Private employers can provide to domestic partners many benefits, such as health insurance, family medical or bereavement leave, equal pension benefits, relocation expenses, or access to company facilities. While it’s hard to identify all employers providing benefits in Maine, they include L.L. Bean, Care Development of Maine, Fairchild Semiconductor, Idexx Laboratories, Inc., Energy East Corp., The Gale Group, Hannaford, Maine Coast Memorial Hospital, Maine Medical Center, TD Banknorth Group, the University of Maine System, the University of New England, and Bowdoin, Bates, and Colby Colleges (see The Human Rights Campaign’s Employer Database, available at http://www.hrc.org/issues/workplace/equal_opportunity/search_employers.asp).
Even when employers provide these benefits, though, federal and state laws require different tax treatment of the benefits for domestic partners as compared to spouses. For example, an employee must pay federal and state income tax on the value of his or her partner’s health insurance benefits (unless the partner is a tax dependent), but a spouse does not (see e.g., Internal Revenue Code, Private Letter Ruling 9603011 (Jan. 19, 1996)). Partners do not qualify as spouses under federally-controlled Flexible Spending Accounts unless the partner is also a tax dependent.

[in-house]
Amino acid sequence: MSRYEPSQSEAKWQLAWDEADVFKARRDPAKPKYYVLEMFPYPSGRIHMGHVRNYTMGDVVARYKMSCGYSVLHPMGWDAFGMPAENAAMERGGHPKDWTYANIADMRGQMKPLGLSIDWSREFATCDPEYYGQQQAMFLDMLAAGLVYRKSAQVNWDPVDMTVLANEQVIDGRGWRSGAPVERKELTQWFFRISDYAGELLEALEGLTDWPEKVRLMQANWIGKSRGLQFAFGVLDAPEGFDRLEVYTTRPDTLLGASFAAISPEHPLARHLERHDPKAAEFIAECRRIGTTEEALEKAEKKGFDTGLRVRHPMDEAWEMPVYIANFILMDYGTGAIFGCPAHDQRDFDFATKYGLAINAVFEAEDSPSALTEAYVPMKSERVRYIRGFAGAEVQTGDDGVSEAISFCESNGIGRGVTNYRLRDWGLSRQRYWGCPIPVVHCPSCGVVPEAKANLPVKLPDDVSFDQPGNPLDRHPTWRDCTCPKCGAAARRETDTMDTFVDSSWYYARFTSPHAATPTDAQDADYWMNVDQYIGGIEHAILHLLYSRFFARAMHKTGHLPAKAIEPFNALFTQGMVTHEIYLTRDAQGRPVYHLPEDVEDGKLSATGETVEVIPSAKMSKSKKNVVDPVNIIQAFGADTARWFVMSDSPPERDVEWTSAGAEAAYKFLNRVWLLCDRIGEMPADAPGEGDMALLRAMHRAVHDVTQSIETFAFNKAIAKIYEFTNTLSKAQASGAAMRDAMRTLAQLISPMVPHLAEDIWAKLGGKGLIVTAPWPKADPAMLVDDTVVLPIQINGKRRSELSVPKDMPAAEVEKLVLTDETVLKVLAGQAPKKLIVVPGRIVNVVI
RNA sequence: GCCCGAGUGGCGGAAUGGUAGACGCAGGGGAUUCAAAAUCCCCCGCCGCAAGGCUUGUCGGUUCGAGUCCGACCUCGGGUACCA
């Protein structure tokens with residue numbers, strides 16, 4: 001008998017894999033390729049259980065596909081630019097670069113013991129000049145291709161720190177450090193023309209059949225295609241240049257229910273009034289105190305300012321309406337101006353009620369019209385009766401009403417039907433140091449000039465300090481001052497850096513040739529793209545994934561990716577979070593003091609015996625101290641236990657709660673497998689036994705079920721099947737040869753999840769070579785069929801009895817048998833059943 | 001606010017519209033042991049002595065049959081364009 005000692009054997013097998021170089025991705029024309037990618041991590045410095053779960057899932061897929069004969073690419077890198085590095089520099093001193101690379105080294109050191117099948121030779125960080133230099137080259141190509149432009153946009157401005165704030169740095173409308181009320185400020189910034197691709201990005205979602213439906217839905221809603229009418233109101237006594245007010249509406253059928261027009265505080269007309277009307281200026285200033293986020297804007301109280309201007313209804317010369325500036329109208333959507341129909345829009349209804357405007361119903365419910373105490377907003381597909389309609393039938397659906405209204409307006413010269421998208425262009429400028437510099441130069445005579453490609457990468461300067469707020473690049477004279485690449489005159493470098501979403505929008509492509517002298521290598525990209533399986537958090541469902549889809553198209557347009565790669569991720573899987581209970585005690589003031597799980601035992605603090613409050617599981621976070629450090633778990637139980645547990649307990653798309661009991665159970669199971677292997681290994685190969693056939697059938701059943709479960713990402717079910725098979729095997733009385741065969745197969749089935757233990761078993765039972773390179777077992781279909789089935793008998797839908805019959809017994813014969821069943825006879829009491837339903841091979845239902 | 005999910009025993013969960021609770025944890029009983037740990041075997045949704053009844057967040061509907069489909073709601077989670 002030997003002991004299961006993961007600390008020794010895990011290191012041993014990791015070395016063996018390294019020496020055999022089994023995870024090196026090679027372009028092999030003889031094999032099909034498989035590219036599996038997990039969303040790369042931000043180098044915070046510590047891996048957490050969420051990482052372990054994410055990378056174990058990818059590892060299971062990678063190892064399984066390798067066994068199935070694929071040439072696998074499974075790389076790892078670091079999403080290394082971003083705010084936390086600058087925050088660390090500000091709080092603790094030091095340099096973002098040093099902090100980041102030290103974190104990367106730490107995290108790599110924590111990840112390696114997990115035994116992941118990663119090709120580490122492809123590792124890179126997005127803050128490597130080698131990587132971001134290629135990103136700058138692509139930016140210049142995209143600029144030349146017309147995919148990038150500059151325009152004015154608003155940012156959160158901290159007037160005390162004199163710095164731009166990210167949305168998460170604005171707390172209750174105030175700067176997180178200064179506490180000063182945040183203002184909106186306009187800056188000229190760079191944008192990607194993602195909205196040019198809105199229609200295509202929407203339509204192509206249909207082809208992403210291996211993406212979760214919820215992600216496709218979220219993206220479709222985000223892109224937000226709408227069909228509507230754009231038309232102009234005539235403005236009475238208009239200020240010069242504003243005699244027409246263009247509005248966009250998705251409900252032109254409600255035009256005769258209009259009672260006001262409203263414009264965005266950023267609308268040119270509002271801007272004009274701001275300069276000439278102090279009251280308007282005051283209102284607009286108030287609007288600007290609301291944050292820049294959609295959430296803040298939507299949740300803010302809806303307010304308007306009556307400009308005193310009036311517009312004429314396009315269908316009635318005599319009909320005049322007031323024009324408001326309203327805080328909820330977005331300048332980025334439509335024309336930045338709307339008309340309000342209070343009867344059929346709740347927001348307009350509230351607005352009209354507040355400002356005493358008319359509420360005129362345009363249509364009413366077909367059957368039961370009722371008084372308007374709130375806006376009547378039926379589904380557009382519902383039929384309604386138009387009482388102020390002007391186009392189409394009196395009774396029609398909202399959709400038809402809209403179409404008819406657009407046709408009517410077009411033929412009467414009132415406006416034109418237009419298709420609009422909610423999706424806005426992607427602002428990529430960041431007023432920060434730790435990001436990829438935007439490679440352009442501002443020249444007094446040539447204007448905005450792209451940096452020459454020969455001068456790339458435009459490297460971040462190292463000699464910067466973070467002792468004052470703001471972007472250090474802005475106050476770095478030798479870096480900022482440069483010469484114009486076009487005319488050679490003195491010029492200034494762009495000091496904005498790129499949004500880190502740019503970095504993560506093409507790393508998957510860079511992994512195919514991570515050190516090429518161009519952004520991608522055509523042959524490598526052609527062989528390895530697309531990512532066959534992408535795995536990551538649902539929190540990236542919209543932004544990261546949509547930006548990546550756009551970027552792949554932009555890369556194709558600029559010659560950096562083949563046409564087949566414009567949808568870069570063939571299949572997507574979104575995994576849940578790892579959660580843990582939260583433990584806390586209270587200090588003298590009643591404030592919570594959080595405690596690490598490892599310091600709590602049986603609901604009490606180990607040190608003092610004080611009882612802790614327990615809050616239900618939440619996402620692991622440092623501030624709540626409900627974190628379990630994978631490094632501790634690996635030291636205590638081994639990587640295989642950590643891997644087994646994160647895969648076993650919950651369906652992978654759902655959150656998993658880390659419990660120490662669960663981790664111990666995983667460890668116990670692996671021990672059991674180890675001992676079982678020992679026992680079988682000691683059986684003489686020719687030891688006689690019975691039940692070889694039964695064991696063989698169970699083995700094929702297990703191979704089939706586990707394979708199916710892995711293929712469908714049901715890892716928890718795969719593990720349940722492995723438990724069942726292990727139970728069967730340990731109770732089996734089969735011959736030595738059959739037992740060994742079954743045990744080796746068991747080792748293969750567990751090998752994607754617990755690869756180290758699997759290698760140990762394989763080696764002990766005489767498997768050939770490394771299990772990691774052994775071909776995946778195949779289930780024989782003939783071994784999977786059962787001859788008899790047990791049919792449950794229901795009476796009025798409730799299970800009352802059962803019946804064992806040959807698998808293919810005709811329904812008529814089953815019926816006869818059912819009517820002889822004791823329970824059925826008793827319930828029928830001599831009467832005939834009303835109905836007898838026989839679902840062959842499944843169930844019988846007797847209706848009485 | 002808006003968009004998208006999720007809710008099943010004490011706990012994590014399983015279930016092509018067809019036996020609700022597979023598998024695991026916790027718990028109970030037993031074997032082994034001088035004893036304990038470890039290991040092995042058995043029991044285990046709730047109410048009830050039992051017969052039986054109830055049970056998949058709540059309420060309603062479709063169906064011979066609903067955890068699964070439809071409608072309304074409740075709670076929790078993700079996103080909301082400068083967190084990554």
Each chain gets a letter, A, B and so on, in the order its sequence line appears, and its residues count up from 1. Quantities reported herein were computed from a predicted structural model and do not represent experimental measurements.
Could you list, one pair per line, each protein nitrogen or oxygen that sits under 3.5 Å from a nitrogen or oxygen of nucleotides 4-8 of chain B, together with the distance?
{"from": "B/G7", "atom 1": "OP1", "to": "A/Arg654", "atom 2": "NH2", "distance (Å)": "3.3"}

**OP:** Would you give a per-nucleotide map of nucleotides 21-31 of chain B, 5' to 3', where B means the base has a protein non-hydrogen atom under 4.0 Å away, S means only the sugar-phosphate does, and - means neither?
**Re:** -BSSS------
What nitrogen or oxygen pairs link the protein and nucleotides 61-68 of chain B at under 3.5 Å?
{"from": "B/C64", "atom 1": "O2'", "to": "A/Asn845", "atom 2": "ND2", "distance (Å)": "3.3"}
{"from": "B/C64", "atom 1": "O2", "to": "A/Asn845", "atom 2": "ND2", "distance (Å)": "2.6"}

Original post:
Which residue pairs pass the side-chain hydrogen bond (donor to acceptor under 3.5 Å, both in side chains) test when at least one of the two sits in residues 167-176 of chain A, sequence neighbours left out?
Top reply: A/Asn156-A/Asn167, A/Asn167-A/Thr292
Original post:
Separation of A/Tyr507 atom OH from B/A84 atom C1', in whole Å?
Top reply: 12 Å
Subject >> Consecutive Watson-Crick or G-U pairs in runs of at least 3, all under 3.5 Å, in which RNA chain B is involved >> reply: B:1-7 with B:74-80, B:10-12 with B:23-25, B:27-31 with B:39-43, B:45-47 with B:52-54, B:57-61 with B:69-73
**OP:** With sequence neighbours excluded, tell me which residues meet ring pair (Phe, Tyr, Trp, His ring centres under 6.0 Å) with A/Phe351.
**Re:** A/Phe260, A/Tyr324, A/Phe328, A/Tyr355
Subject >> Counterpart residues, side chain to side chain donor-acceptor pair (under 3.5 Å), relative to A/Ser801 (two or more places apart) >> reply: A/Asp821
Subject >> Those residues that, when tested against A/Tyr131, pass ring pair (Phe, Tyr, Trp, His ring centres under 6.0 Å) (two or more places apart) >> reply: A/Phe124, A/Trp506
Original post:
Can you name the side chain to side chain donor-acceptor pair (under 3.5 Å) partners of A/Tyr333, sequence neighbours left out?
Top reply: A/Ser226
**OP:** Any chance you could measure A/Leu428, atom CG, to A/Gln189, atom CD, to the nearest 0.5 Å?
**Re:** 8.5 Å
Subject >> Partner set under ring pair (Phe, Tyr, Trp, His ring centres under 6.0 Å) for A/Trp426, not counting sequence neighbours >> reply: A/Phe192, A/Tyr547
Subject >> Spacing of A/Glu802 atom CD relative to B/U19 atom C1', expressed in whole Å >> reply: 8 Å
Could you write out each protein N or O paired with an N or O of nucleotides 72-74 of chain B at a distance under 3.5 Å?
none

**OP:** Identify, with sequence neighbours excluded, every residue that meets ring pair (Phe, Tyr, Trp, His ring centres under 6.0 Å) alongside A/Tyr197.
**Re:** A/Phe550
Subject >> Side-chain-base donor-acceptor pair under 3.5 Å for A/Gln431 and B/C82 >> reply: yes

As for pensions, under the Federal Pension Protection Act of 2006, employers may amend their 401(k) plans so that non-spouse beneficiaries may retain the asset as a retirement asset. If a plan is so amended, beneficiaries may “roll over” the 401(k) into an IRA depending upon the employee’s death whereas previous law required the beneficiary to take and pay income taxes on the 401(k) as a lump sum (see Human Rights Campaign, Pension Plans, available at http://www.hrc.org/issues/4821.htm).
However, other discriminatory aspects of federal law remain regarding pensions. A domestic partner has no right to sign off if his or her partner decides to name someone else as the beneficiary of a pension, although a spouse would have that right. In addition, a domestic partner has no right comparable to that of a spouse to sign off on his or her partner’s designation of another person for survivor benefits.